One wonders why the heck have a city like Juneau as the state capital at all. There was a book quite a few years ago titled Coming into the Country that described the search for a new Alaskan capital. What ever happened to that idea? Have Alaskans given up on siting a capital in the main part of the state? Somewhere between Anchorage and Fairbanks, IIRC.
Wellllllll…as far as that goes, when I was still living in Anchorage, we voted to move the capital to someplace reasonable. Problem is, the State Legislature refuses to allocate any money for such a move. So they sit in Juneau. :smack:
They do things like this:
**AS 44.06.055. ** Relocation Expenditures.
State money may be expended to relocate physically the capital or the legislature from the present location only after a majority of those voting in a statewide election have approved a bond issue that includes all bondable costs to the state of the relocation of a functional state legislature or capital to the new site over the twelve-year period following such approval. The commission established in AS 44.06.060 shall determine all bondable costs and total costs including, but not limited to, the costs of moving personnel and offices to the relocation site; the social, economic, and environmental costs to the present and relocation sites; and the costs to the state of planning, building, furnishing, using, and financing facilities at least equal to those provided by the present capital city.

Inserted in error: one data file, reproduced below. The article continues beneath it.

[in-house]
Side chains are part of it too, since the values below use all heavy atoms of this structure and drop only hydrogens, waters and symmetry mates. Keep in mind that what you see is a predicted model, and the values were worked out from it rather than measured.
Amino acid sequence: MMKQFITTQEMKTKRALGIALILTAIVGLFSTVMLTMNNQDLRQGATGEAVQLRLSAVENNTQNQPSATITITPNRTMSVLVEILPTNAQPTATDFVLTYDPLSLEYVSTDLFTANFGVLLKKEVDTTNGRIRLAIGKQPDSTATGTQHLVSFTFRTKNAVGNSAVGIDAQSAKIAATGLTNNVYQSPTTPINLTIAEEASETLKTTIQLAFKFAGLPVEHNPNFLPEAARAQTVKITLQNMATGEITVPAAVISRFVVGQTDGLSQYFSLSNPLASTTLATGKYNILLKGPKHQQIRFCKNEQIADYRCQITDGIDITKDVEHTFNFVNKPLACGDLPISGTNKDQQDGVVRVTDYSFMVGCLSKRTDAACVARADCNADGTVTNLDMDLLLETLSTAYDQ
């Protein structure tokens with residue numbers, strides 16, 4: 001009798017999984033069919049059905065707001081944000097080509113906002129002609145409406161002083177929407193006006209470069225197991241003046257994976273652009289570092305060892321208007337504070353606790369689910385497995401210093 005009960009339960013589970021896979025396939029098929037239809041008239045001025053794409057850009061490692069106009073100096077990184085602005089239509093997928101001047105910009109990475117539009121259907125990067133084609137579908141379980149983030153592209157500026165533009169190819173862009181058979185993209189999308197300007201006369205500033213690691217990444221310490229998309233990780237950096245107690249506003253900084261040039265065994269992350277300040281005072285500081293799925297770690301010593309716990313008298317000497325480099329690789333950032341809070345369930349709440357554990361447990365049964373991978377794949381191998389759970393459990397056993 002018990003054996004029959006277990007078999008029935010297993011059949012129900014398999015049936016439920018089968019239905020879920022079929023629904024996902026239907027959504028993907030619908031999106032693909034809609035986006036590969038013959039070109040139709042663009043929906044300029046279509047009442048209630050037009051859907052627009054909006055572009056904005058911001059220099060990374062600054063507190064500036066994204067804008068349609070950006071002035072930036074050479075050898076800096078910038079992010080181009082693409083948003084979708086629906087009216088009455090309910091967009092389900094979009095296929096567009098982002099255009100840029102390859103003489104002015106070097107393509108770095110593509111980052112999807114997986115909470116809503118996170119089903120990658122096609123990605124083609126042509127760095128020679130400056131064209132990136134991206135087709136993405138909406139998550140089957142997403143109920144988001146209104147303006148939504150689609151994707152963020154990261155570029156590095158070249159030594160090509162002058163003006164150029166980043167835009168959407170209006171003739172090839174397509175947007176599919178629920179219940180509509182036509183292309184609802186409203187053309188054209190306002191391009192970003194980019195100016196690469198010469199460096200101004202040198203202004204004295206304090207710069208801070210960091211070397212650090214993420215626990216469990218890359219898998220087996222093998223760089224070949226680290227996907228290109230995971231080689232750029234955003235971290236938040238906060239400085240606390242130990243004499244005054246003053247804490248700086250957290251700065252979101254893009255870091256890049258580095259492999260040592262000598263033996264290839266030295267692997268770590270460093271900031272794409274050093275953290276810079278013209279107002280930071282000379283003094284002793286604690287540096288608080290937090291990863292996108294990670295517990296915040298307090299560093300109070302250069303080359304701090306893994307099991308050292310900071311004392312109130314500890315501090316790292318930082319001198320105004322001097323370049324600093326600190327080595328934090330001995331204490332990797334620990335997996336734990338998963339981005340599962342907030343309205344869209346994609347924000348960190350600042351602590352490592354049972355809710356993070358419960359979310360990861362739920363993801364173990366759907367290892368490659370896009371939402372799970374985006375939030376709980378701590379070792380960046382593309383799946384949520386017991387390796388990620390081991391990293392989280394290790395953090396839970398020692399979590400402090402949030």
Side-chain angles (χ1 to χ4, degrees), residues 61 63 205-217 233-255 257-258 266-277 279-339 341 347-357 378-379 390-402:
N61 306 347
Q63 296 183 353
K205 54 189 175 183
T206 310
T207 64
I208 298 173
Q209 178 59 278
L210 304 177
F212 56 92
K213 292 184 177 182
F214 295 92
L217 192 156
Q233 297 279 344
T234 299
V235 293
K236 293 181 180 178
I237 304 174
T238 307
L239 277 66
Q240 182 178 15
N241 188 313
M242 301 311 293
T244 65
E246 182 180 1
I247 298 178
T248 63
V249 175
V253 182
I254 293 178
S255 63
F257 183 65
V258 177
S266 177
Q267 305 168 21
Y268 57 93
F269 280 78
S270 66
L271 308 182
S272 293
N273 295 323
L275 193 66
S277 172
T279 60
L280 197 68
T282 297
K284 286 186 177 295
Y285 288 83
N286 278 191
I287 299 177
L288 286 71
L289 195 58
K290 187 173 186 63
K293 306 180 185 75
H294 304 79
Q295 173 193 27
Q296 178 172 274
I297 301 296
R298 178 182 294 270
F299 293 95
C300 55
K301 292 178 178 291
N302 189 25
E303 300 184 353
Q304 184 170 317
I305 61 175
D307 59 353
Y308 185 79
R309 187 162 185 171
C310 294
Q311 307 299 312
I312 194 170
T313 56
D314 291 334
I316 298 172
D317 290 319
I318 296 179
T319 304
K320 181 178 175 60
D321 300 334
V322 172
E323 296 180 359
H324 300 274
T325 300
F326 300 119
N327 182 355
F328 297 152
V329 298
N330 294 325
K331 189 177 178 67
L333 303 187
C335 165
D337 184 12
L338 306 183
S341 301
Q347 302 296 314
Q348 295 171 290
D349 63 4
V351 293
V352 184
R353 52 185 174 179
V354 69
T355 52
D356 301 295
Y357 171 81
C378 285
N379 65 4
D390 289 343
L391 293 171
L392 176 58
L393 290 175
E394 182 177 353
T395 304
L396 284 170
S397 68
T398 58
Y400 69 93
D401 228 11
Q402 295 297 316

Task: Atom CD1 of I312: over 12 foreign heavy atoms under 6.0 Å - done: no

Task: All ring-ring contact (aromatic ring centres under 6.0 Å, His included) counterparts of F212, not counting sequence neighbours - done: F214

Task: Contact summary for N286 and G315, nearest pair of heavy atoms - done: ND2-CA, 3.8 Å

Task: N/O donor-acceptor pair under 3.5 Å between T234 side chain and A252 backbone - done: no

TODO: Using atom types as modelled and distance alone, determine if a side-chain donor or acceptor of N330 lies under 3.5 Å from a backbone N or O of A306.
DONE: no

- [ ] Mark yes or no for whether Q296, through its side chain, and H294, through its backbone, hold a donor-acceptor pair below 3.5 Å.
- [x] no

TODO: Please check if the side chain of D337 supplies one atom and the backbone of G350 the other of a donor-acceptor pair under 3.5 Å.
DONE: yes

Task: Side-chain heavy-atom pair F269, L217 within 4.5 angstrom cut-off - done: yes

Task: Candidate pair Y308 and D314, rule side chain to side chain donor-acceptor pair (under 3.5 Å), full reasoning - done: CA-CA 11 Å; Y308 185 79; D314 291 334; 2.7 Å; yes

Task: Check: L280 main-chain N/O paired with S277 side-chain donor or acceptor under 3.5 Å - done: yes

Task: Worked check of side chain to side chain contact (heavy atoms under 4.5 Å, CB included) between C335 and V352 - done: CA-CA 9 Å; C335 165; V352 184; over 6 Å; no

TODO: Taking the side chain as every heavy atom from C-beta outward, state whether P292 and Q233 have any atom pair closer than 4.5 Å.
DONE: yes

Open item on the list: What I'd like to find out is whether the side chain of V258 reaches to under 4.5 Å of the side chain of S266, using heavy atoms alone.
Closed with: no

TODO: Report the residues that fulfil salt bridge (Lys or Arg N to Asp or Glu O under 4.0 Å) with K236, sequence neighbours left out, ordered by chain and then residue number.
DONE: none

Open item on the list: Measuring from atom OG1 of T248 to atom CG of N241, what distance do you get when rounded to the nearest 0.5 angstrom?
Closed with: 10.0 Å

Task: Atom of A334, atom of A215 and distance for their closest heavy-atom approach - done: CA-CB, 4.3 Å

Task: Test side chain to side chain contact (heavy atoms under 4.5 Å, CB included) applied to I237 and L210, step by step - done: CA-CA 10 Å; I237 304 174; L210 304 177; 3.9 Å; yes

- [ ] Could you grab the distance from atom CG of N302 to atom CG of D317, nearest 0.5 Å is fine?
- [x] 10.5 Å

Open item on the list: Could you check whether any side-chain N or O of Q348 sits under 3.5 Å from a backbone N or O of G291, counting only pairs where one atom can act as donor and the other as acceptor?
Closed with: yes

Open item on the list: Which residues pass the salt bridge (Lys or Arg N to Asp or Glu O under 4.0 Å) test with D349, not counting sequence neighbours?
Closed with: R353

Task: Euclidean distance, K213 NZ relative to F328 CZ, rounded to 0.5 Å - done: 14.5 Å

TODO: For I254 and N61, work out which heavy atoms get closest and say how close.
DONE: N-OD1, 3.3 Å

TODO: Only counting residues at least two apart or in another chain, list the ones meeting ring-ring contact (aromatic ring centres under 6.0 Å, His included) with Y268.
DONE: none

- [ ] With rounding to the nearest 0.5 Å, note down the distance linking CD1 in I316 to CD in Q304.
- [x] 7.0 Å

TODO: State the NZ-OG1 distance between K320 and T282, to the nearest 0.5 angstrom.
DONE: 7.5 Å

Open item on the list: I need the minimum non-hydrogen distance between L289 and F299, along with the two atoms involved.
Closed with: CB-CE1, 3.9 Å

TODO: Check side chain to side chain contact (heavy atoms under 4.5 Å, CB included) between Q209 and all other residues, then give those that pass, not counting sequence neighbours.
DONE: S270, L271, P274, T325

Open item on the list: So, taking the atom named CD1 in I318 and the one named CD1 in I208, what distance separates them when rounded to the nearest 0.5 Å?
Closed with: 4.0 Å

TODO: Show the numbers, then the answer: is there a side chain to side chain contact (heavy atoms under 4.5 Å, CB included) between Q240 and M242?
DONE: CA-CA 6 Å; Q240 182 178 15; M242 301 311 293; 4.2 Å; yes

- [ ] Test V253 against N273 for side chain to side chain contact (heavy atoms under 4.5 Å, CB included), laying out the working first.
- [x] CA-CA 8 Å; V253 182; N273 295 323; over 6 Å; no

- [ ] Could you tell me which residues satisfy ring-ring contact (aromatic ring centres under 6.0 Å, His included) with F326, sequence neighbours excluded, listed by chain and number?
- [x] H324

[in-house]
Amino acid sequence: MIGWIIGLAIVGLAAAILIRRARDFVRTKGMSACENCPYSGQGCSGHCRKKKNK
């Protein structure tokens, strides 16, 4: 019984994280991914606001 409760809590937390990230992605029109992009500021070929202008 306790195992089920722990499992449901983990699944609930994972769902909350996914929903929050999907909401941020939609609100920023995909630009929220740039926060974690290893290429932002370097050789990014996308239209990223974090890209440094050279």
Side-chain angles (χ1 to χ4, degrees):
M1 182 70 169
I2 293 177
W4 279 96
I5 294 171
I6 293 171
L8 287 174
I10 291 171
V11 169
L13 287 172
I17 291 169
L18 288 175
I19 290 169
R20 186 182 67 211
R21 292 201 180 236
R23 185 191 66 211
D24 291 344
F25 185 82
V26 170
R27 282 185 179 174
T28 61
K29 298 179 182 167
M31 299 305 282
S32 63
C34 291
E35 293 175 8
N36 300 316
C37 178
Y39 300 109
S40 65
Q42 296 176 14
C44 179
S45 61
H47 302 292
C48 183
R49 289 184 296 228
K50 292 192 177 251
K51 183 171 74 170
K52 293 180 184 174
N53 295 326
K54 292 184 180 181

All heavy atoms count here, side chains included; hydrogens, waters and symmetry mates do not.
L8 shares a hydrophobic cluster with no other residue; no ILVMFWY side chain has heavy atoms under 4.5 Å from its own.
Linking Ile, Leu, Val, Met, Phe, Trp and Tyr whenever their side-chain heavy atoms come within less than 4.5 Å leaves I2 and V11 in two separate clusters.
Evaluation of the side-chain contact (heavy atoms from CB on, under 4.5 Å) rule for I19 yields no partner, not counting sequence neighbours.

In 1982,when the people were asked if they wanted to spend the money to relocate (estimated to total $2,843,147,000) they voted it down.
Checking the maps, I see two gaps in the roads between Vancouver and Powell River, one along the north side of Howe Sound and the other at Jervis Inlet. So you can’t even drive there without using ferries (assuming there are ferries, I don’t see any marked on the map).
How passable are the roads to Skagway and Haines? Do you need a 4-wheel drive or can ordinary cars make it? Are the roads only open in summer?
The roads are open only in summer, IIRC, but are capable of being driven by cars. 4wheel isn’t needed, although it can be handy. I drove the Alcan in a Nissan pickup, and my folks drove it in a Ford LTD. The rest of the roads are comparable, I think. I know the one into Haines is.